c. When cohesion is low and groups with a high norm will outperform groups with a low norm.
5. Another important aspect of group norm is stability.
a. It has been shown that a norm established on a team will persist for four or five generations after the original members have left.
b. If a negative norm, such as abusive behavior toward officials, or other team members, a laissez-faire attitude toward training, a reliance on individual versus team goals, those goals could persist over a number of seasons unless steps are taken. To change the norm it is important to enlist both formal and informal leaders. If these leaders are not cooperative to the change, personnel shifts might need to be considered.
6. Group Goals and Rewards
a. In this day and age individual players get many individual recognition and rewards.
b. Therefore it is important that the coach ensure the concept of unity is reinforced.
c. The coach must emphasize the group’s goal and objectives and rewards that will accrue to the group if these are achieved. Individual goals and rewards should be downplayed.
7. Communication
a. As the level of communication relating to task and social issues increases, cohesion is enhanced.
b. As the group becomes more cohesion, there is also increased communication.
c. The exchange of task information and social pleasantries increases with cohesiveness.
8. Ways to Improve Coach-Athlete Communication and Team Harmony
a. Open communication channels by providing opportunities for athletic input. There must be mutual respect and essential in order to keep the channels open.
b. Develop pride and a sense of collective identity within the group by setting out realistic team, individual, and subunit goals.
c. Strive for common expectations on what type of behavior are appropriate. The coach should specify objectives, strategy, operating procedure, or means to reach the goals.
d. The coach could value unique personal contributions by emphasizing the importance of each role that are necessary for group performance.
e. The outstanding execution of a role should be recognized to enhance the pride and commitment in the group by its members.
f. Strive for consensus and commitment in goal-setting activities.
g. Use periodic team meetings to resolve conflict.
h. Stay in touch with formal and informal leaders in the team.
i. Focus on success before discussing any failures.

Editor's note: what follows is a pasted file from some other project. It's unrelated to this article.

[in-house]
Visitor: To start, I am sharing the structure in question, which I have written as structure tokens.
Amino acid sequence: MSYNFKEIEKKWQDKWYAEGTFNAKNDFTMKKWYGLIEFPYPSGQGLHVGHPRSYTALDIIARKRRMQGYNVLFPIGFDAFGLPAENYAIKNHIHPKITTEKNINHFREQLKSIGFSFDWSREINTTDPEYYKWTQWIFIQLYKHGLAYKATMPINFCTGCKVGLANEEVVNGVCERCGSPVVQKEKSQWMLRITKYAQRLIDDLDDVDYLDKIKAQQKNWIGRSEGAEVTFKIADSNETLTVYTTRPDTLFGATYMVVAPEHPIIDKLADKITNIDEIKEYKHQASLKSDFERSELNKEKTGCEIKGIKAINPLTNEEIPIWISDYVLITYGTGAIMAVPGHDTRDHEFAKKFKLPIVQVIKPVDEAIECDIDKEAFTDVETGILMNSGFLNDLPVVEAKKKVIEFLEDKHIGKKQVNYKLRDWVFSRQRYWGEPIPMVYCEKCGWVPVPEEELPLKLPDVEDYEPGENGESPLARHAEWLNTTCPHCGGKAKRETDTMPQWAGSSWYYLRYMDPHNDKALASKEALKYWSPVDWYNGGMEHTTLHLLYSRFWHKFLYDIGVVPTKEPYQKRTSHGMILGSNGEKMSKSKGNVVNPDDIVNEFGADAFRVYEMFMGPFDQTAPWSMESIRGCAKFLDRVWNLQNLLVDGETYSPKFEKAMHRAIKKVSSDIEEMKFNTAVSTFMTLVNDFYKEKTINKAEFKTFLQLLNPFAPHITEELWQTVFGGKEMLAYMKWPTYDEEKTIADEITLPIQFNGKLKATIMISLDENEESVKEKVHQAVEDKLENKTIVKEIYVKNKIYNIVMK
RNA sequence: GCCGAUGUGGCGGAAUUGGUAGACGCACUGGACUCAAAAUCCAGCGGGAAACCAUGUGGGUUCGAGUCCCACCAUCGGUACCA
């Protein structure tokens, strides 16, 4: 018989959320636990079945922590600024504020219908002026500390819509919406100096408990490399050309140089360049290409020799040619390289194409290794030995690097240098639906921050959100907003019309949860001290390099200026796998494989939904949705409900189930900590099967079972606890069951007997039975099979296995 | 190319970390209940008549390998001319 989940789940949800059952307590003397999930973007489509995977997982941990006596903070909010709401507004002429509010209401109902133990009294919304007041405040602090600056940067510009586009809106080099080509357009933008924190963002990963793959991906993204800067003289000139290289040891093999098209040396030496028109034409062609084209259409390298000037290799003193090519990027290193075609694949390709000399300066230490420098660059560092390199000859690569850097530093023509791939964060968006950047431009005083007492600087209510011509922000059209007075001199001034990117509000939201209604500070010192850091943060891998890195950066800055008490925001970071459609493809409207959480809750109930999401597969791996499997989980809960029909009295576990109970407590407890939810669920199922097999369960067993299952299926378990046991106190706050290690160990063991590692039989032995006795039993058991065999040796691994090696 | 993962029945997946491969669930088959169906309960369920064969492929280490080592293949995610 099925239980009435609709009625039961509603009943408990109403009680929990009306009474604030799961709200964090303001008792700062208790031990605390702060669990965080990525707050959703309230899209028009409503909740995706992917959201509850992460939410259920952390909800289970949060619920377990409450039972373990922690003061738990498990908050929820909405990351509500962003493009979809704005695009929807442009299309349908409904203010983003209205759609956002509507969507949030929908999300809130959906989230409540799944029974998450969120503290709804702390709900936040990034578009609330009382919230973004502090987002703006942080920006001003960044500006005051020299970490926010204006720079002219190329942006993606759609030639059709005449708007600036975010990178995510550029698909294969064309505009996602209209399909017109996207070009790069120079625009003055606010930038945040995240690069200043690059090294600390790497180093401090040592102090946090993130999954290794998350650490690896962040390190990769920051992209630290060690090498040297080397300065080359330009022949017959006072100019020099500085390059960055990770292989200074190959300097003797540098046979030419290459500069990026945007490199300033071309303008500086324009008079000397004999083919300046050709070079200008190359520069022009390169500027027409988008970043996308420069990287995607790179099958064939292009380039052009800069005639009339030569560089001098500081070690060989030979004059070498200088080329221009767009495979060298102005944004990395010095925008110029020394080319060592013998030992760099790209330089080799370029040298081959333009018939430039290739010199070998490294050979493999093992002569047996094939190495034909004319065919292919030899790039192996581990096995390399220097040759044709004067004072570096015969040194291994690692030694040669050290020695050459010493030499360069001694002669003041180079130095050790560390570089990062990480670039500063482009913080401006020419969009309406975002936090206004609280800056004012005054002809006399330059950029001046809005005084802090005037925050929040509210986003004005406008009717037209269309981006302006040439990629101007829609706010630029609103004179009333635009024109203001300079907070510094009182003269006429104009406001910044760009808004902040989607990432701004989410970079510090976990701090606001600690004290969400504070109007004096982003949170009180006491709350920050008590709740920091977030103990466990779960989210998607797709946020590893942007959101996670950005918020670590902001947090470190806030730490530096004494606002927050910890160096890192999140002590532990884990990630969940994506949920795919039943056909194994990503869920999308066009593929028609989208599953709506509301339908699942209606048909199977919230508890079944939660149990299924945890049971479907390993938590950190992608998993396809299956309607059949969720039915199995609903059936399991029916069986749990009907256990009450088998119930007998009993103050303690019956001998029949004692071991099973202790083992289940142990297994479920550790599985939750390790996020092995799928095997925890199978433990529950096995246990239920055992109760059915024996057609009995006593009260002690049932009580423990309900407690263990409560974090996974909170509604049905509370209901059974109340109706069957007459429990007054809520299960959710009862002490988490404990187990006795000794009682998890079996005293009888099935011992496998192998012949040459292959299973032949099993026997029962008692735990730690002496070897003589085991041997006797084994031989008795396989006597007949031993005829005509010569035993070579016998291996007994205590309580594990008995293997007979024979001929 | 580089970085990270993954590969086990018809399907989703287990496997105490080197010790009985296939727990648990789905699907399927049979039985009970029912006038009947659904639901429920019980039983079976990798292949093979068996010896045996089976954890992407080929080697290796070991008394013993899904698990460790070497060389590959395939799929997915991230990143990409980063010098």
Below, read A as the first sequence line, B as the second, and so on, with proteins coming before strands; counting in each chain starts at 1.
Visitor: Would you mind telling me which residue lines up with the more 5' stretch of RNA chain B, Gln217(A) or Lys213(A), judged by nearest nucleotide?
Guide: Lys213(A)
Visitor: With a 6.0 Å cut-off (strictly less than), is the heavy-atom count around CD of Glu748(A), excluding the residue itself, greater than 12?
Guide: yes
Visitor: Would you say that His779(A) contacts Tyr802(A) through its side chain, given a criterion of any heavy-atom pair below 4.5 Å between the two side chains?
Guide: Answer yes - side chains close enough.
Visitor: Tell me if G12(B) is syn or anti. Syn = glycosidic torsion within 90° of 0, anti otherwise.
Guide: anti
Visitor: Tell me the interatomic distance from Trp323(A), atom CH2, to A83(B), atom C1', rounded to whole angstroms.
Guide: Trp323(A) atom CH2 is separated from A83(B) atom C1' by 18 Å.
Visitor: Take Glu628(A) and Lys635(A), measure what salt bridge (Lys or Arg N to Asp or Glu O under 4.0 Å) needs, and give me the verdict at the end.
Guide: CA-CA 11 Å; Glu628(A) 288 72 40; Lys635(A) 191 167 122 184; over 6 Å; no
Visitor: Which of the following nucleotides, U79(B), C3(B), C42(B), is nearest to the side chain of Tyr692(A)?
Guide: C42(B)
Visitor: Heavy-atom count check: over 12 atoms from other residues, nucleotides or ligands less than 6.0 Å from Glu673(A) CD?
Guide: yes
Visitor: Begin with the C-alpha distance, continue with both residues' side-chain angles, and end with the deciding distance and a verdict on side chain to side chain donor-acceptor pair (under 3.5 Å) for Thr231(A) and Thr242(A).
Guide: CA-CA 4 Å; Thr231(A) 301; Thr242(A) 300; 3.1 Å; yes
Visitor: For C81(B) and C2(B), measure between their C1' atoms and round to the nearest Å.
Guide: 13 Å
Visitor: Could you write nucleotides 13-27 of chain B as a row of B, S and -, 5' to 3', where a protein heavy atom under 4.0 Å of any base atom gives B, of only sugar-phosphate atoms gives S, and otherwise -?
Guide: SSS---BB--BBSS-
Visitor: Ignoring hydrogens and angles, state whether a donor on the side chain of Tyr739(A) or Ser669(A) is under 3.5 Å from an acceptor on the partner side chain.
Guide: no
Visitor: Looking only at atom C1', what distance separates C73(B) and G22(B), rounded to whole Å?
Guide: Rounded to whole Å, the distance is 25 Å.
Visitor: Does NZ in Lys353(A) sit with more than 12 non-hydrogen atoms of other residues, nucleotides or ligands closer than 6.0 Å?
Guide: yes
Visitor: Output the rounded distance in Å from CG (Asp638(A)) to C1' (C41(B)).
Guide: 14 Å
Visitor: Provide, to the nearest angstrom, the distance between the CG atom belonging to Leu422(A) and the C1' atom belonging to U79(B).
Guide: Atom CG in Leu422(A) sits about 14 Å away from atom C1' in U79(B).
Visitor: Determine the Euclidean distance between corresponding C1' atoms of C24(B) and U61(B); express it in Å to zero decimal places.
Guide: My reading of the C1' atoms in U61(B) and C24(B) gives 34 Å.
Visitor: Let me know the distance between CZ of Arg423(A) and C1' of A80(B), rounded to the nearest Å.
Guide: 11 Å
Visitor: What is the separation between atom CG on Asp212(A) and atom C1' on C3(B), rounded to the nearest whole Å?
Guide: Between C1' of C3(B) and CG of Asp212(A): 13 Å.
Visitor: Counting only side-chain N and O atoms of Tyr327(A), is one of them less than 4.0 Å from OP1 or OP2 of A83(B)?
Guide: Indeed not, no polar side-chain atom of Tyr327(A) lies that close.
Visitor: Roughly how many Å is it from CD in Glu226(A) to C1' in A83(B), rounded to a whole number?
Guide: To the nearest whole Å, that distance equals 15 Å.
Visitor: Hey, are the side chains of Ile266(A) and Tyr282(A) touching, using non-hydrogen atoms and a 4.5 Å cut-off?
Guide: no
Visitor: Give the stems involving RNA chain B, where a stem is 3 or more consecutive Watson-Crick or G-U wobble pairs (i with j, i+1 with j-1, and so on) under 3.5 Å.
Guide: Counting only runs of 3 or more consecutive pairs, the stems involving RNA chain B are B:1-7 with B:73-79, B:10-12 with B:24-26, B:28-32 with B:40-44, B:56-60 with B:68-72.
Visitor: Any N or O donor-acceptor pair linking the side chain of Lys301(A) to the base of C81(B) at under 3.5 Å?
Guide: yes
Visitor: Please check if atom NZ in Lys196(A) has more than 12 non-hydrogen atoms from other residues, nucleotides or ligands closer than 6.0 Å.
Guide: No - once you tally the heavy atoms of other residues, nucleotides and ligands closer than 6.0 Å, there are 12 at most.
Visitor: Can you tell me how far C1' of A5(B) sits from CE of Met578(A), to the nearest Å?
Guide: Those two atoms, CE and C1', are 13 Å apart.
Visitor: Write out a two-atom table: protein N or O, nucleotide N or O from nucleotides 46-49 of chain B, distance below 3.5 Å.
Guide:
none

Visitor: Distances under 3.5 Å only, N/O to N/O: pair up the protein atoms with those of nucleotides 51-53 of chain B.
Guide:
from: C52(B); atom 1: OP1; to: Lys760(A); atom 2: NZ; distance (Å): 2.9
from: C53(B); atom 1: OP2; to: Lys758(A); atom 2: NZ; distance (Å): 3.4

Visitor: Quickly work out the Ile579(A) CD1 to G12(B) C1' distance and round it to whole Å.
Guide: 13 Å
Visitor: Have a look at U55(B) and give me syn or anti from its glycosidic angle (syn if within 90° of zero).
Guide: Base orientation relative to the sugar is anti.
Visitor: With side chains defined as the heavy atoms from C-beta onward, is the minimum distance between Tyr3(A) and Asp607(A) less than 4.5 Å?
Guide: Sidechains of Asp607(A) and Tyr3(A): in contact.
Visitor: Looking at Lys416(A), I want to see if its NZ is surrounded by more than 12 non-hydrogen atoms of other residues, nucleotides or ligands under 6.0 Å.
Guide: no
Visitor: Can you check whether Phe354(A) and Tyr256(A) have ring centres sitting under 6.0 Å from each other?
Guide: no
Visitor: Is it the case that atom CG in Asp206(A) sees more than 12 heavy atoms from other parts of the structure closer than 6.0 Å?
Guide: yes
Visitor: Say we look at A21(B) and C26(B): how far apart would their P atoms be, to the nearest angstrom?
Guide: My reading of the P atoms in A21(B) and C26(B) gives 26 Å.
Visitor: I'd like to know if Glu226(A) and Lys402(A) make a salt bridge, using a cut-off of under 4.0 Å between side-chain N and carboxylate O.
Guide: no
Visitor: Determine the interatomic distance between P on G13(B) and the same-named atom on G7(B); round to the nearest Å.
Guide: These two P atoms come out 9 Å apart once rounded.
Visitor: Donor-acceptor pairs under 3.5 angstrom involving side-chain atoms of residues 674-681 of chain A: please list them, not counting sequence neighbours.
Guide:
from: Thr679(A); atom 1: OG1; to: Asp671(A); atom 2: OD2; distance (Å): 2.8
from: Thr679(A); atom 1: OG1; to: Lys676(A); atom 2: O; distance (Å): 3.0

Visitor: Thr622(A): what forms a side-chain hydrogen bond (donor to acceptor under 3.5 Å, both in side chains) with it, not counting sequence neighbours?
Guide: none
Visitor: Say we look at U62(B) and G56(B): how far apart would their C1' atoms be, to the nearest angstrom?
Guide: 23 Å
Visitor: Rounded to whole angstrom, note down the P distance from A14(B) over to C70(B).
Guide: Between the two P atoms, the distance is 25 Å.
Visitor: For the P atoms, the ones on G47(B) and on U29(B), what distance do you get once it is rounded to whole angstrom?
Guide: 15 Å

j. Success contributes to cohesiveness. So, it is good for the coach to have an easier schedule at the beginning of the season.
k. Group cohesion is influenced by team stability. When groups are together for a long time, their sense of cohesiveness increases. Members do not voluntarily leave the team, are more punctual at practices, are absent less often and leave practice before it’s over less frequently. A coach should try to avoid excessive personnel turnover.

IV. TEAM BUILDLING
A. The intention of team building is to promote an increased sense of unity and cohesiveness and enable the team to function more smoothly and effectively.
B. One approach to team building interventions is as follows:
1. Introductory Stage: The relationship between perception of cohesiveness and enhanced team dynamics are discussed.
2. Conceptual Stage: There are three purposes behind this stage.
a. to facilitate communication with coaches/leaders about complex concepts like groups, cohesiveness, etc.
b. to highlight the interrelatedness of various components of the team-building protocol
c. to identify the focus for possible interventions.
3. Practical Stage: The purpose was to have coaches/leaders, in an interactive brainstorming session, attempt to generate as many specific strategies as possible to use for team building in their group. Specific intervention strategies are important for three reasons:
a. Coaches/leaders differ in personality and preferences – a strategy that might work for one coach might not work for another.
b. Groups differ as well. So, a strategy that might work for one group might not work for another.
c. Motivation is enhanced when individuals are given greater control over personal behavior.
4. Intervention Stage
a. The team-building protocols were introduced and maintained by leaders.
b. Selected high status members of the team should be included as part of the intervention stage. They can be very effective in giving effective feedback.